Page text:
Caldwell v. Lockridge

Decision Date31 July 1845
Citation9 Mo. 362
PartiesCALDWELL v. LOCKRIDGE.
CourtMissouri Supreme Court
ERROR TO JACKSON.

R. G. SMART, for Plaintiff. 1. The final settlement made by Caldwell in 1838 was, in every respect, in conformity with the law, and from the time of his resignation all his powers then ceased. Rev. Stat. 1835, title Administration, art. 1, §§ 30, 31. 2. The decision of the County Court, made at the February term, 1845, in ordering Rachel Lockridge, administratrix, to pay the amount due Caldwell on his final settlement as administrator of Jones Lockridge, deceased, made in 1838, was right and proper. See Rev. Stat. of 1835, title Administration, art. 5, §§ 11, 12, 13, 14, pp. 58, 59. And further, that as soon as Caldwell had made his final settlement and resigned his letters of administration, his powers then ceased, and he was no longer in court, and the court had no further control over him, and any order made by them affecting his rights was null and void. 3. That the second order of the County Court, made in 1838, rescinding a part of the final settlement of Caldwell, was null and void, the same having been done without notice to Caldwell, and the whole proceeding an ex-parte one. See 5 Monroe's Ky. R. 58; 7 Mo. R. 465, Smith v. Ross & Strong. 4. The allowance made to Caldwell, at his final settlement, by the County Court, in 1838, being warranted by the law, and being such an allowance as the court had a perfect right to make, the only way by which the opposite party could take advantage of the same was by an appeal to the Circuit Court. See Rev. Stat. of 1835, title Administration, § 15, art. 6; also art. 7, § 1. 5. The Circuit Court erred in dismissing the suit in that court, as a new trial should have been had, in case the County Court erred in the decision it made. See 8th article of Administration law, § 8.

HALL, for Defendant. 1. The notice, that plaintiff would move the court for an order requiring defendant to pay the amount of the first order, was altogether an informal proceeding in this cause. 2. The order of the Jackson County Court, made at its November term, 1838, offered and read in evidence by the plaintiff, Caldwell, is, to all intents and purposes, a judgment of the court, and as such, could only be enforced after scire facias, there being no evidence that execution had been sued out upon it within a year and a day after its rendition. See McKinney's Adm'r v. Davis, 6 Mo. R. 501; 1 Mo. R. 518, Dowsman v. Potter; 1 Tomlin's Law Dict. 707; 3 Mo. R. 436; 2 Bac. Abr. 727; 7 Mo. R. 469, Gamble, Adm'r, v. Hamilton, Adm'r. 3. The County Court had power to rescind the first order upon motion, as it was done at the same term at which it was made (June). Had the court a right to enter up another order at the same term at which the preceding one was rescinded? See Rev. Stat. Mo. 1835, p. 469; 7 Mo. R. 320, Ashby v. Glasgow and others; see, also, Bouvier's Law Dict. title Term; also Jacob's Law Dict. title Judgment. 4. The first order having been rescinded properly, it was clearly incompetent testimony to warrant the proceedings of the County Court at its term for March, 1844. 5. If the County Court erred in rescinding the first order and entering up the second order, Caldwell could have appealed to the Circuit Court. Rev. Stat. Mo. p. 63. 6. That as all the pleadings in the County Court, by statute, may be ore tenus, the various motions, appearances, testimony, &c., necessary to warrant a judgment in that court, will by a higher court be presumed, unless it otherwise appear by bill of exceptions. Rev. Stat. p. 56.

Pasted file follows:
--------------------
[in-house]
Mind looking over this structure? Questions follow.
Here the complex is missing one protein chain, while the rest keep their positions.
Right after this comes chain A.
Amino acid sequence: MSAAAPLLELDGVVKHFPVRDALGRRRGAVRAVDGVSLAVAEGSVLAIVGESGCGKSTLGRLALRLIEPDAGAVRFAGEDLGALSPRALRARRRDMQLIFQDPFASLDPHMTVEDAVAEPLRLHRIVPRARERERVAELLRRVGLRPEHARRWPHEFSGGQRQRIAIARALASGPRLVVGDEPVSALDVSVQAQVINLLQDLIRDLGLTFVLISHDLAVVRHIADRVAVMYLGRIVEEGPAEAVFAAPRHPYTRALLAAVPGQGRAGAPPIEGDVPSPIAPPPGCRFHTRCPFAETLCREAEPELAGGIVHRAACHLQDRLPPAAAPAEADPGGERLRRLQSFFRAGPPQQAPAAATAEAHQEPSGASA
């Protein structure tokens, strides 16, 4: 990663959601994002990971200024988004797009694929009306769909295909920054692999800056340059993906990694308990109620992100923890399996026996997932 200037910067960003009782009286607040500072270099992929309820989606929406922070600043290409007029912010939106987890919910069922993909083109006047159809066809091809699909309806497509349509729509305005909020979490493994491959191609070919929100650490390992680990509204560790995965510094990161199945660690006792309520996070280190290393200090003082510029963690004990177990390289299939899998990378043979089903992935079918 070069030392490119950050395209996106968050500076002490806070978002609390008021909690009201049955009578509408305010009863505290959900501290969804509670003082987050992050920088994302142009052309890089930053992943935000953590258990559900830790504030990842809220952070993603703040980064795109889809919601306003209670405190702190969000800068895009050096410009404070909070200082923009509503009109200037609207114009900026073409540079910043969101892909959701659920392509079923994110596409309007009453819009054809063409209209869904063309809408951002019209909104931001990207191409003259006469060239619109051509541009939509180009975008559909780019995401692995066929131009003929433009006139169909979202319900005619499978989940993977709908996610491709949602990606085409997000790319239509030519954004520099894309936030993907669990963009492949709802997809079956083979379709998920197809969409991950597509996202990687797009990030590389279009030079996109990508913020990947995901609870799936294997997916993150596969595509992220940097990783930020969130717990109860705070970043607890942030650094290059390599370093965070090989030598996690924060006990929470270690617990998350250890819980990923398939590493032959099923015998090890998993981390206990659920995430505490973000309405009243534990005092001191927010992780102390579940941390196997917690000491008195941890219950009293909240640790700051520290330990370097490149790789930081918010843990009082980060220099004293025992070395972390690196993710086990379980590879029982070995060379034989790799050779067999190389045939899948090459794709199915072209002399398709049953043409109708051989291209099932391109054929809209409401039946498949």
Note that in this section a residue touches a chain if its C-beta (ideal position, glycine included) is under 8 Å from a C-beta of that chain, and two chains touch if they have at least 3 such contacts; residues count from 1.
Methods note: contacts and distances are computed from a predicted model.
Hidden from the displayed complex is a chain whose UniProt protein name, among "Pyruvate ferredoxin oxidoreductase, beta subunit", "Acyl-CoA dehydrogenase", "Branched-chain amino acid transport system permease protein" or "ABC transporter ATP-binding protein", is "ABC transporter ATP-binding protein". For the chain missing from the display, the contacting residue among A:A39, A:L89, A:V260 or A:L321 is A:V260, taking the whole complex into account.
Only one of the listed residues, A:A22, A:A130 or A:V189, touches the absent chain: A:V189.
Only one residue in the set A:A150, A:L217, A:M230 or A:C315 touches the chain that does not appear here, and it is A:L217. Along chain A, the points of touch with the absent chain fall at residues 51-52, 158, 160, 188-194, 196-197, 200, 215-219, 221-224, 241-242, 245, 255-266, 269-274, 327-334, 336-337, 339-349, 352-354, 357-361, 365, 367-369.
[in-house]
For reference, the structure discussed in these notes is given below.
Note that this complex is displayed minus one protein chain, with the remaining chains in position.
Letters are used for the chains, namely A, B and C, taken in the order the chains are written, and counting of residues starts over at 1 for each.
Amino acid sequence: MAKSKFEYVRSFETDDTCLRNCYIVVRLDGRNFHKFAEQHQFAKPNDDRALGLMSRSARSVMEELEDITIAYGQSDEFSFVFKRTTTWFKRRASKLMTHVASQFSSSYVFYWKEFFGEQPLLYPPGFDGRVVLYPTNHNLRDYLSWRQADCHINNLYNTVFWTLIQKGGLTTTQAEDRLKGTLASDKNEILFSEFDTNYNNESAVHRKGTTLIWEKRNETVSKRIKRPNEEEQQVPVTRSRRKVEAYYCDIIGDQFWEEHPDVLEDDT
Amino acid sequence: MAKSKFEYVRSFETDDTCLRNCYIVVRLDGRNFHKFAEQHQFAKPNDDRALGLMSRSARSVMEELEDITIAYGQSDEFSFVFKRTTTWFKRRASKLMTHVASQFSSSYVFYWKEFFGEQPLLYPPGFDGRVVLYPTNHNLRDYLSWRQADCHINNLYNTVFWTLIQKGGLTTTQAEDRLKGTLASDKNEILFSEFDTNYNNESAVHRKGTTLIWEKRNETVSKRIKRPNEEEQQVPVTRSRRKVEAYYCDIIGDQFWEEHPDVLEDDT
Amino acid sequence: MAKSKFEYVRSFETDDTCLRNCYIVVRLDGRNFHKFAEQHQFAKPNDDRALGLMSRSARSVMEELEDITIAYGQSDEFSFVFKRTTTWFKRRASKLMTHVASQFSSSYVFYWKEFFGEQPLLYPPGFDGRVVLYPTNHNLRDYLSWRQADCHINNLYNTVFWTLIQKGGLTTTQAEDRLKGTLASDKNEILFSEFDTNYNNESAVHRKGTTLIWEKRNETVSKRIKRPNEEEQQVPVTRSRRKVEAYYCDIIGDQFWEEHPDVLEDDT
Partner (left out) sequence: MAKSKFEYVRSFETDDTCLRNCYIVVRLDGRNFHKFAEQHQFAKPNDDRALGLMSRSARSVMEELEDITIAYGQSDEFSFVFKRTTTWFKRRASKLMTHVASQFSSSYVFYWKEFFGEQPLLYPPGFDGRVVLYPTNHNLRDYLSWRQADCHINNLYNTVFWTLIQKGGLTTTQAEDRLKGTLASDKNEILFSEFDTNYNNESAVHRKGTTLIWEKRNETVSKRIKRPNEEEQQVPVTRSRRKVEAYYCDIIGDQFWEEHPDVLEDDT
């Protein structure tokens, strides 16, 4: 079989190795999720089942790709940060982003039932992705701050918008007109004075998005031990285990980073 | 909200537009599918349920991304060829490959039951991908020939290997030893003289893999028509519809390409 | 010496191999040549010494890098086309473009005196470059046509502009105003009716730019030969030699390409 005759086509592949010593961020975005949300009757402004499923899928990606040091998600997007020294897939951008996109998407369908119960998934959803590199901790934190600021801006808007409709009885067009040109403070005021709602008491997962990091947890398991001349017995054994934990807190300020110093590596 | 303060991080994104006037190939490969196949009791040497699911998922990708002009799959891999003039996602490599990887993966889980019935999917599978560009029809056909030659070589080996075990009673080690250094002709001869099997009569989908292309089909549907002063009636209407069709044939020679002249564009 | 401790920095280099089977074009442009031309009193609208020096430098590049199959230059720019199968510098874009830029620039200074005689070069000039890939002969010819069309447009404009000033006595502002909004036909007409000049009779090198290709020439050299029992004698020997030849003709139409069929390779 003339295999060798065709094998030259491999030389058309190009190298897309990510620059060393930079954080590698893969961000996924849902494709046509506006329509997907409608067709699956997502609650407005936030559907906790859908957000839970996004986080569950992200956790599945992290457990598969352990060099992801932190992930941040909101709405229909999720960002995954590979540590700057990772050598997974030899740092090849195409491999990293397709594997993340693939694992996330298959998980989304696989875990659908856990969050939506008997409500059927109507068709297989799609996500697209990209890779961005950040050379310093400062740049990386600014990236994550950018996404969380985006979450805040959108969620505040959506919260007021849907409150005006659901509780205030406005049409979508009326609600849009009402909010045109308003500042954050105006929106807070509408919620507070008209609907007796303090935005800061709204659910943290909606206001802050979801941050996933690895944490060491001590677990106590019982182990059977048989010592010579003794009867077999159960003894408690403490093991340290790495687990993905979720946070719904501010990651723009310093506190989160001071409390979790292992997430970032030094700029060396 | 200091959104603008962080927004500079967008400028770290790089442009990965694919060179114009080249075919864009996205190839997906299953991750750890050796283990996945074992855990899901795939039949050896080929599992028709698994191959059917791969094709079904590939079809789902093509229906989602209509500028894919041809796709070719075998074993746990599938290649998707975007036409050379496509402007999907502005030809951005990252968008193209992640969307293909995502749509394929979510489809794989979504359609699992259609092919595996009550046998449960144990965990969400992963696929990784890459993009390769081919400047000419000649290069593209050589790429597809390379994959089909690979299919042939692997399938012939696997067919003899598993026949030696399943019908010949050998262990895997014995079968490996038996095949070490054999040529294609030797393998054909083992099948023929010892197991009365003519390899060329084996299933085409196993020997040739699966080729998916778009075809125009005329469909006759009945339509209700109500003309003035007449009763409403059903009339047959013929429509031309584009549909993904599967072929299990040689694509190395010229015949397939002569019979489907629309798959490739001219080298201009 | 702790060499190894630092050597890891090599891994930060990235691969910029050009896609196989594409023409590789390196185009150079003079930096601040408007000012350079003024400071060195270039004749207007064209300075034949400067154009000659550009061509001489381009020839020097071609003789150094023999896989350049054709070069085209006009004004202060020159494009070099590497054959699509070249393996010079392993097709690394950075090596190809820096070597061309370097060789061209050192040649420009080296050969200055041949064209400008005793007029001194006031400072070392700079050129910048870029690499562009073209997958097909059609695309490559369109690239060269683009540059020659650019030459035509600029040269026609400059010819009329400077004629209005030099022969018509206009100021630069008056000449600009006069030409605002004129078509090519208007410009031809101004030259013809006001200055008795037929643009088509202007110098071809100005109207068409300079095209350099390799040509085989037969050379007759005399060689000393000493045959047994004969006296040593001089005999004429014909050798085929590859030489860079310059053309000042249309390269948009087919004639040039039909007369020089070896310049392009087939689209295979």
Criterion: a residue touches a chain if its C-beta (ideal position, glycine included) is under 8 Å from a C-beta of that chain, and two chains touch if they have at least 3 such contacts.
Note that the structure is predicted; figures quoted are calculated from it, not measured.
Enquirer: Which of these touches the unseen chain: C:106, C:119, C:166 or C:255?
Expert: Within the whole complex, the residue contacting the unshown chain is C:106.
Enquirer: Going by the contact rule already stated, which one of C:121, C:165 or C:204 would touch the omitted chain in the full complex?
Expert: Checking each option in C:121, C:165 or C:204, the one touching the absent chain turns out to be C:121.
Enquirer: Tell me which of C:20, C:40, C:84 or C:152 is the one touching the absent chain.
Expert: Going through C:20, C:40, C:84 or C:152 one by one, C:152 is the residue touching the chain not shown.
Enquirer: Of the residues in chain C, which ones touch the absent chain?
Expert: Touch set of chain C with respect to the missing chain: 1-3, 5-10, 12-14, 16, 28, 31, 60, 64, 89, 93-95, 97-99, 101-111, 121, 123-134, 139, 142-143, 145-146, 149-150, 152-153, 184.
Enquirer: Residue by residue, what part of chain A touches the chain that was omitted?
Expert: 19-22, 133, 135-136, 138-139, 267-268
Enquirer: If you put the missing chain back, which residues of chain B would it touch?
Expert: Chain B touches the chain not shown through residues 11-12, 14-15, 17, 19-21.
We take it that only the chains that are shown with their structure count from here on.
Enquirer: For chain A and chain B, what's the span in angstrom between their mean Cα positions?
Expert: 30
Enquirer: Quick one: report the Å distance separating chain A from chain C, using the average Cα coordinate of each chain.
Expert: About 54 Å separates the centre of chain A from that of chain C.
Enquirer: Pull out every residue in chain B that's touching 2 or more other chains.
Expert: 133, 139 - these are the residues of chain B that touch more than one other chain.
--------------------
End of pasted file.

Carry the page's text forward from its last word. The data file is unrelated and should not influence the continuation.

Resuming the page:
HICKMAN, on the same side. 1. Upon the trial of the appeal from the County Court, the Circuit Court committed no error in reversing the judgment of the County Court, and dismissing the case for want of sufficient notice. See Rev. Stat. pp. 55, 56, §§ 5, 17; and 5 Mo. R. 334. 2. The notice and motion of plaintiff in County Court shows that his claim is founded on a judgment of said County Court, and therefore he should have resorted to his writ of scire facias, and not attempt to enforce the collection of said judgment, nor to obtain another one by motion. Rev. Stat. p. 56, § 8; also 6 Mo. R. 501. 3. The County Court erred in giving judgment in favor of the plaintiff, Caldwell, because, 1st, he had not made oath or filed an affidavit with his claim, as required by law: Rev. Stat. p. 56, § 9; and, 2nd, because the judgment entered up was not against the assets of Lockridge, deceased, in the hands of his administratrix to be administered; and the Circuit Court having, in reversing the judgment of said County Court, decided in favor of the right party, the Supreme Court will not now interfere with its decision. 6 Mo. R. 250, 489; Mo. R. 416.

SCOTT, J.